Pre-owned cars: How to buy them, how to avoid scams, and how to register the change of ownership…

16 minute read

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Are you in the market for a second-hand car? Well, we’ve put together a guide to cover everything you need to know when buying a pre-owned car. Plus, we look at what to do when you’ve made the purchase…

  • A new car can lose up to 60% of its value in its first three years
  • More than half of shoppers discover vehicles online
  • What should you do once you’ve bought a second-hand car?

Why are more people buying second-hand cars?


We’re all cutting back on costs wherever we can. From your daily coffee to long-term investments, we’re all purchasing with a lot more caution right now. That’s why the second-hand car market is currently booming, it’s a well-known fact that as soon as you take a car off of the forecourt, it loses value, so many buyers are turning to second-hand to reduce their losses. Let’s take a look at some of the reasons why…

In the first three years, a new car can lose up to 60% of its value and much of that is in the first year. That means that if you bought a flash new car at £60,000, it’d lose £36,000 in just three years! Second-hand cars tend to lose less value. A nearly new car around two to three years old, after its initial depreciation, could prove better value for money.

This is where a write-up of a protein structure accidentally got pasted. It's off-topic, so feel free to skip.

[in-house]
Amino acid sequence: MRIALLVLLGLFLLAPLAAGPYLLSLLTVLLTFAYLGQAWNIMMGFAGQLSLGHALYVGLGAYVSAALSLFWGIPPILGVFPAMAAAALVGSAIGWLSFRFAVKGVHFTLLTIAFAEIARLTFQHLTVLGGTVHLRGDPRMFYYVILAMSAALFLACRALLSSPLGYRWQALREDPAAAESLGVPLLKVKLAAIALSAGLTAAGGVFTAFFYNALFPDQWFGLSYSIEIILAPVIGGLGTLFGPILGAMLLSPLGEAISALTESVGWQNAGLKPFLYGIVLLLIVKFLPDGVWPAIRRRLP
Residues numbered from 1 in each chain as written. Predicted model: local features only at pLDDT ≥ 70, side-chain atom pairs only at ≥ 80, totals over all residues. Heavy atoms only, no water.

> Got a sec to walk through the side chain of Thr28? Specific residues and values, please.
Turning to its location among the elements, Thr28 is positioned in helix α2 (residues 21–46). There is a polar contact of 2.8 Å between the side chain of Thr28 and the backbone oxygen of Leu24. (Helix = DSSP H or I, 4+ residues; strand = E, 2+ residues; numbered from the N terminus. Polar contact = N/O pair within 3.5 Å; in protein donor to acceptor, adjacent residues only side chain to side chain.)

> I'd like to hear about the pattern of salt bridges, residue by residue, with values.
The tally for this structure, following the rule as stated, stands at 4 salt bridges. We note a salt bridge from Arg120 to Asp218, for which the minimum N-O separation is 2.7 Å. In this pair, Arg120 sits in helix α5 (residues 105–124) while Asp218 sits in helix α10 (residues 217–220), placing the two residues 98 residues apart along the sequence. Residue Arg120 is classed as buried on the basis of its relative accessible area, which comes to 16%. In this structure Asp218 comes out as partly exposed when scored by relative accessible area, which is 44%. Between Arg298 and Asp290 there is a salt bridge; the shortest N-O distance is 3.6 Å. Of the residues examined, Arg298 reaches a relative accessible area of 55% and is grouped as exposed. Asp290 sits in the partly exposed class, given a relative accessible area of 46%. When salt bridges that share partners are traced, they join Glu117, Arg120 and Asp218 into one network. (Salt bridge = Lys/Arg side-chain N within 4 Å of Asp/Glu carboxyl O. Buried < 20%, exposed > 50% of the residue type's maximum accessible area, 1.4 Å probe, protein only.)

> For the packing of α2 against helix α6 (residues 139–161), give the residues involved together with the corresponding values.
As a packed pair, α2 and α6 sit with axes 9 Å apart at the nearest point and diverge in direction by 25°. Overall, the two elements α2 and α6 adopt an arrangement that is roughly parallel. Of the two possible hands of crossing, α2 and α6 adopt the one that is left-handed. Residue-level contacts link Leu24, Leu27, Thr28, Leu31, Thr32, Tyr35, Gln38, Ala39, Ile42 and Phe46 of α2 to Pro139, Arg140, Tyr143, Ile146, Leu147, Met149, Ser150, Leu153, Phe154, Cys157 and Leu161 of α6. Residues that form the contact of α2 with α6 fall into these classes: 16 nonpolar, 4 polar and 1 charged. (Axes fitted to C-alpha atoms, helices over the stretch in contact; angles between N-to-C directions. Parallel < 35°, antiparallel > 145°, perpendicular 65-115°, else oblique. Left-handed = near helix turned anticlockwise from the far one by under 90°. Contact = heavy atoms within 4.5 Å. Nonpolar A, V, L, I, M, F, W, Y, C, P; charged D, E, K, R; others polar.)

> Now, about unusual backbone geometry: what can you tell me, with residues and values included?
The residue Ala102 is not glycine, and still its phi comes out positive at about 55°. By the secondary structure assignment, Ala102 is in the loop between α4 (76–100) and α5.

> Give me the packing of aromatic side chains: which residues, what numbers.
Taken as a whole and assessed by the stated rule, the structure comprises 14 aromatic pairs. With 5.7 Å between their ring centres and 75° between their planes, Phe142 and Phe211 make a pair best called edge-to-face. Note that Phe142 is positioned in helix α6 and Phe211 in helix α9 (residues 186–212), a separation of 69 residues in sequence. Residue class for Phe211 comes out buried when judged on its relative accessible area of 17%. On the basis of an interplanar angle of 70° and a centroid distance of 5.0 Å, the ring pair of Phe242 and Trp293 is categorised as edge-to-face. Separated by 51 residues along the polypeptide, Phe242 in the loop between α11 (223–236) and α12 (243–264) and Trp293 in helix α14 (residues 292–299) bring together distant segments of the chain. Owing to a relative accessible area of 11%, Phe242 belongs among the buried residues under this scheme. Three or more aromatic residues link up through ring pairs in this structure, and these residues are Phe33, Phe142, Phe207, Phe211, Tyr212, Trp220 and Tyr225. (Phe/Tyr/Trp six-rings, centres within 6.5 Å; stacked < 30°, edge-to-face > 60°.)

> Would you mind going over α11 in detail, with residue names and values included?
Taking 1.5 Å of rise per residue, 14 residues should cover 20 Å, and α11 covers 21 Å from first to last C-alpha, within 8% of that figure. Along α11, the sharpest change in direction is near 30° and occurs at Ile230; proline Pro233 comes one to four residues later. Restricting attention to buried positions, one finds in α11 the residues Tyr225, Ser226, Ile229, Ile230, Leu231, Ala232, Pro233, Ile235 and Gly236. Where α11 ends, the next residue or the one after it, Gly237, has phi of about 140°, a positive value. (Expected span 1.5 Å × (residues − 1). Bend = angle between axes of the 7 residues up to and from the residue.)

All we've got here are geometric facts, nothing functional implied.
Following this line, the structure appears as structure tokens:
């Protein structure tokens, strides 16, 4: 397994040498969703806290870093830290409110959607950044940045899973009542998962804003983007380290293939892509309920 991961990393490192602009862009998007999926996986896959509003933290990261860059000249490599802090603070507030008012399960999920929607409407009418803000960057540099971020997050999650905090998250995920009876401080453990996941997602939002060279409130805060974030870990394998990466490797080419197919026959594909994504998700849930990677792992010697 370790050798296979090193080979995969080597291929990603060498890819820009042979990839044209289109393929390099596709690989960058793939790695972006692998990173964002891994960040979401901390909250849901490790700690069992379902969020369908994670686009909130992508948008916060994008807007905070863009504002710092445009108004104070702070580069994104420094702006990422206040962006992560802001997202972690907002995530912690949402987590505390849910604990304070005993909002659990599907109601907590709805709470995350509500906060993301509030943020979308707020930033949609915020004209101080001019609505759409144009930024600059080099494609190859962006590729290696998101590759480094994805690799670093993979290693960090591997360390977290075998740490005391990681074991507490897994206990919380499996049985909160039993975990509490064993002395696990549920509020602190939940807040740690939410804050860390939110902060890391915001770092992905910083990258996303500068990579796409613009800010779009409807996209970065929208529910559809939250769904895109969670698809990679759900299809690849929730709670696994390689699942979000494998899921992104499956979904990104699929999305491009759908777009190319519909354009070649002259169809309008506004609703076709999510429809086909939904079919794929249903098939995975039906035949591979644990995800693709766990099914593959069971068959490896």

There are a number of factors that influence how much a car will depreciate. Things such as the brand, model and year it was made, and how fuel efficient it is. To find out how much your car is depreciating, you should track its value over time. It’s also worth taking a look online and seeing how different brands and models fare against each other.

Sticking with an older model

We’re creatures of habit, but with the ban on petrol and diesel cars being brought forward to 2030, many drivers' favourite petrol and diesel models are disappearing from the production line.

Last year, Ford announced that they were no longer producing one of their best-selling cars of all time, the Ford Fiesta. Following this news, the Ford Fiesta has been named the UK’s best-selling used car of 2022. Experts have even warned that Ford Fiesta could now be more at risk of being stolen, so make sure your car is covered for theft!

Want to know which cars have been the most popular over time? Check out our cars through the decades article.

On top of this, there are less new cars available on the market. Manufacturing and supply chains continue to be impacted by external factors, so fewer options. Many new car buyers are turning their heads to see what’s on offer from the second-hand market.

Where can you buy a second-hand car?

Whether it’s your local car dealer or the internet, there're lots of different ways to get your hands on a second-hand car… but don’t worry, we’re on hand to help you figure out where’s best.

Car dealerships